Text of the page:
Slideshow: Staff Picks: The Best Things We Ate in March

Pizza, in general
Pizza, in general

About two years ago I almost entirely stopped eating pizza due to incapacitating food allergies/acid reflux, but I must confess I've been reintroducing pizza into my diet over the last few months because...well, pizza is delicious. I thought maybe my body would stop rejecting pizza because I really wanted to eat it. So far, I'm not dead, so something's working. (Or maybe this is the calm before the storm. My next pizza could be my last.) —Robyn Lee, AHT Editor/Art Director

[Photograph: Robyn Lee]

Black Bean Burgers at Home
Black Bean Burgers at Home

My best bite this month? Gotta be these Black Bean Burgers that I was working on. You partially dehydrate the beans so they get dense and meaty. It’s a black bean burger that doesn’t have that typical mushy black bean burger texture. Even my carnivorous friends were wolfing them down when I grilled some out on my deck a couple weeks ago. —Kenji Lopez-Alt, Managing Culinary Director

[Photograph: Kenji Lopez-Alt]

Kua Kling Ribs at Kin Khao, San Francisco
Kua Kling Ribs at Kin Khao, San Francisco

I'm still thinking about the Kua Kling Ribs I had at Kin Khao in San Francisco—they were spicy enough to make my eyes water, but also offered so much intense flavor beyond the heat. Galangal, red chilies, garlic, fresh tumeric root, and more are mixed into a chili paste that's rubbed on the dry-fried ribs. I'll be back for more.—Maggie Hoffman, Senior Editor

[Photograph: Maggie Hoffman]

Brussels Sprout Salad at The Cleveland, NYC
Brussels Sprout Salad at The Cleveland, NYC

I was more curious than confident when I recently ordered The Cleveland's Brussels sprout salad ($12)—radicchio, trout roe, and sunflower seeds are all things I like, but tossed together? I wasn't so sure. Now...I'm positive. It's an inventive and truly synergistic combination; the yogurty vinaigrette, nutty sunflower seeds, and a generous smattering of dill complement the briny roe and round out the bitterness of the raw sprouts and radicchio. A finishing touch of crisp fried Brussels sprout leaves adds just a hint of warm, grassy olive oil to the mix. I haven't been able to get it out of my head since. —Niki Achitoff-Gray, Associate Editor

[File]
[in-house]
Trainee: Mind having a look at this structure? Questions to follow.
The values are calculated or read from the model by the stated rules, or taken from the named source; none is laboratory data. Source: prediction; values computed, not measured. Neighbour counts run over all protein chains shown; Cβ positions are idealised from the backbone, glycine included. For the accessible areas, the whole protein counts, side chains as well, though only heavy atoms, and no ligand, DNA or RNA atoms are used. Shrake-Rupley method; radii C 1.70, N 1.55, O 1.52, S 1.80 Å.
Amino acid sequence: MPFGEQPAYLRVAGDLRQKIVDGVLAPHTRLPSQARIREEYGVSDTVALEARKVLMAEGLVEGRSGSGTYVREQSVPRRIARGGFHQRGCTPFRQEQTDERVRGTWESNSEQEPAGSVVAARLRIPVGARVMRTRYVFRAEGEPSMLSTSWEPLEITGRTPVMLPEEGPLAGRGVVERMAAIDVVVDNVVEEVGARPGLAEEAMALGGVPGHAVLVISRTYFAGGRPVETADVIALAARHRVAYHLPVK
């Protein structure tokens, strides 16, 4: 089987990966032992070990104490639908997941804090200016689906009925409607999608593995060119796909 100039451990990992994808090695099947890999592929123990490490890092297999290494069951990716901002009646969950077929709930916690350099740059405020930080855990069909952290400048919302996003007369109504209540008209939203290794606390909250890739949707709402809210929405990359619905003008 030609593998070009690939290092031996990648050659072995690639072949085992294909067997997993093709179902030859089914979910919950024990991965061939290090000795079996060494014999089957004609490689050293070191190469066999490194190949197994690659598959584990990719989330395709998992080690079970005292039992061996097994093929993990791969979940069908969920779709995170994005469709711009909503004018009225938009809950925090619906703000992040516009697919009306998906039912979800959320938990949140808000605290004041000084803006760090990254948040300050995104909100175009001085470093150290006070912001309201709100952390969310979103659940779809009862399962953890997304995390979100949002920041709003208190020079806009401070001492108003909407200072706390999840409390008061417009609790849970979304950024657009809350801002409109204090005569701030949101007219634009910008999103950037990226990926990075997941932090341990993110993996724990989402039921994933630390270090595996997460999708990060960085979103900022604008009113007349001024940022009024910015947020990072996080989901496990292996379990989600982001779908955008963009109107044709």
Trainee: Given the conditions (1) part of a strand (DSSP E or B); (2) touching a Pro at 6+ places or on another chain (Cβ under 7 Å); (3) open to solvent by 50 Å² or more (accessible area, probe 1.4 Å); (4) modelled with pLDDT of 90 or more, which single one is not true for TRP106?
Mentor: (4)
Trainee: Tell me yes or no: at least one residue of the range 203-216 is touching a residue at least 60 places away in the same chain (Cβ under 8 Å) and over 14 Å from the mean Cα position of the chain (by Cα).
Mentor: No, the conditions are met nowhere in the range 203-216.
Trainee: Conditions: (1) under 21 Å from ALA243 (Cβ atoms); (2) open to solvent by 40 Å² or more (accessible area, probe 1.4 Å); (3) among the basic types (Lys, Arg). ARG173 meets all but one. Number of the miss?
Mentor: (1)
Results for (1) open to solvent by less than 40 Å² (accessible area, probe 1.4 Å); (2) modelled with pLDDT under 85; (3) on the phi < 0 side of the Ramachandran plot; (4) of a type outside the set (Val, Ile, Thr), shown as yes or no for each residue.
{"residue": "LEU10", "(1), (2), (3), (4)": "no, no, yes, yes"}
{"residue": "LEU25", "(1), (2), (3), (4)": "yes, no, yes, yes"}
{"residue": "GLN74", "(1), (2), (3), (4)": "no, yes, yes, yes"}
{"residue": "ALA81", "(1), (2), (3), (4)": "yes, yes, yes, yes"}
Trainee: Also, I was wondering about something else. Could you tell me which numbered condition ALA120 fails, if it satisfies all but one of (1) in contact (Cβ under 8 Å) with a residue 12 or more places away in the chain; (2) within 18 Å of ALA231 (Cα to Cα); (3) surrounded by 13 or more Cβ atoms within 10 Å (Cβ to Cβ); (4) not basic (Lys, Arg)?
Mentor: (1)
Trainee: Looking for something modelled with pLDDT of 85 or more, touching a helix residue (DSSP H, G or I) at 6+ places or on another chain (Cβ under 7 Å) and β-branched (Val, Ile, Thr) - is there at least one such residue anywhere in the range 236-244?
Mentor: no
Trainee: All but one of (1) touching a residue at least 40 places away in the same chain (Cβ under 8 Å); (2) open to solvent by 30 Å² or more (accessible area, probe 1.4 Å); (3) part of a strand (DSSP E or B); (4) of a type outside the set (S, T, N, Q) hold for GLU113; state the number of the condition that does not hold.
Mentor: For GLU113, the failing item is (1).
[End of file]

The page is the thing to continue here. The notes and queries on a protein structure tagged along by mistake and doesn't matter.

[Photograph: Max Falkowitz]

Whole Belly Clam Roll From Littleneck, NYC
Whole Belly Clam Roll From Littleneck, NYC

Kenji raved about Gowanus clam shack Littleneck back when in opened in 2011, so when Overlord Ed and I found ourselves in the neighborhood we decided to see if the clam roll held up. We weren't disappointed. Huge clams were handled with care, with a light, greaseless fry serving to accent the intense flavor. Served on a buttered split-top roll with tartar sauce on top and sweet pickles on the side, this is a clam roll to reckon with. —Rabi Abonour, Editorial Intern

[Photograph: Kenji Lopez-Alt]

Gumbo at Analogue, Chicago
Gumbo at Analogue, Chicago

When I first wrote about the gumbo at Analogue I wondered aloud whether its the best version of the dish in Chicago. Well, that’s easy. The remarkably complex and alluring bowl is miles better than any similar offering I’ve tried. And come to think of it, I’m not sure if I’ve ever had a better version anywhere. I’ve even tried to create it at home, and it’s never been this wonderful. —Nick Kindelsperger, Chicago Editor

[Photograph: Nick Kindelsperger]

Shrimp and Grits at Home
Shrimp and Grits at Home

Our apartment in SF is blessed with a backyard, but because it's always cold at night, we never get to eat dinner outside. Last week, it was warm, like East coast-lingering-into-the-night-warm, and we finally ate outside. I made one of my favorite recipes, this lightened up shrimp and grits from Southern Living. Purists, look away—I double the amount of sauce and spinach per serving, and we ate it with a bottle of Champagne.—Carrie Vasios Mullins, Sweets Editor

[Photograph: Carrie Vasios Mullins]

Carrots Wellington at Narcissa, NYC
Carrots Wellington at Narcissa, NYC

I don't think directly swapping out a meat with a vegetable in a famously meat-centric dish is guaranteed to work (vegetarian steak-and-kidney pie, anyone?), but chef John Fraser pulls it off with his carrots Wellington at Narcissa. Inside the puff-pastry shell is a bright orange mosaic of tender, sweet carrots, but what I loved the most was the meaty boost they got from a thin layer of bluefoot-mushroom duxelles. —Daniel Gritzer, Culinary Director

[Photograph: Daniel Gritzer]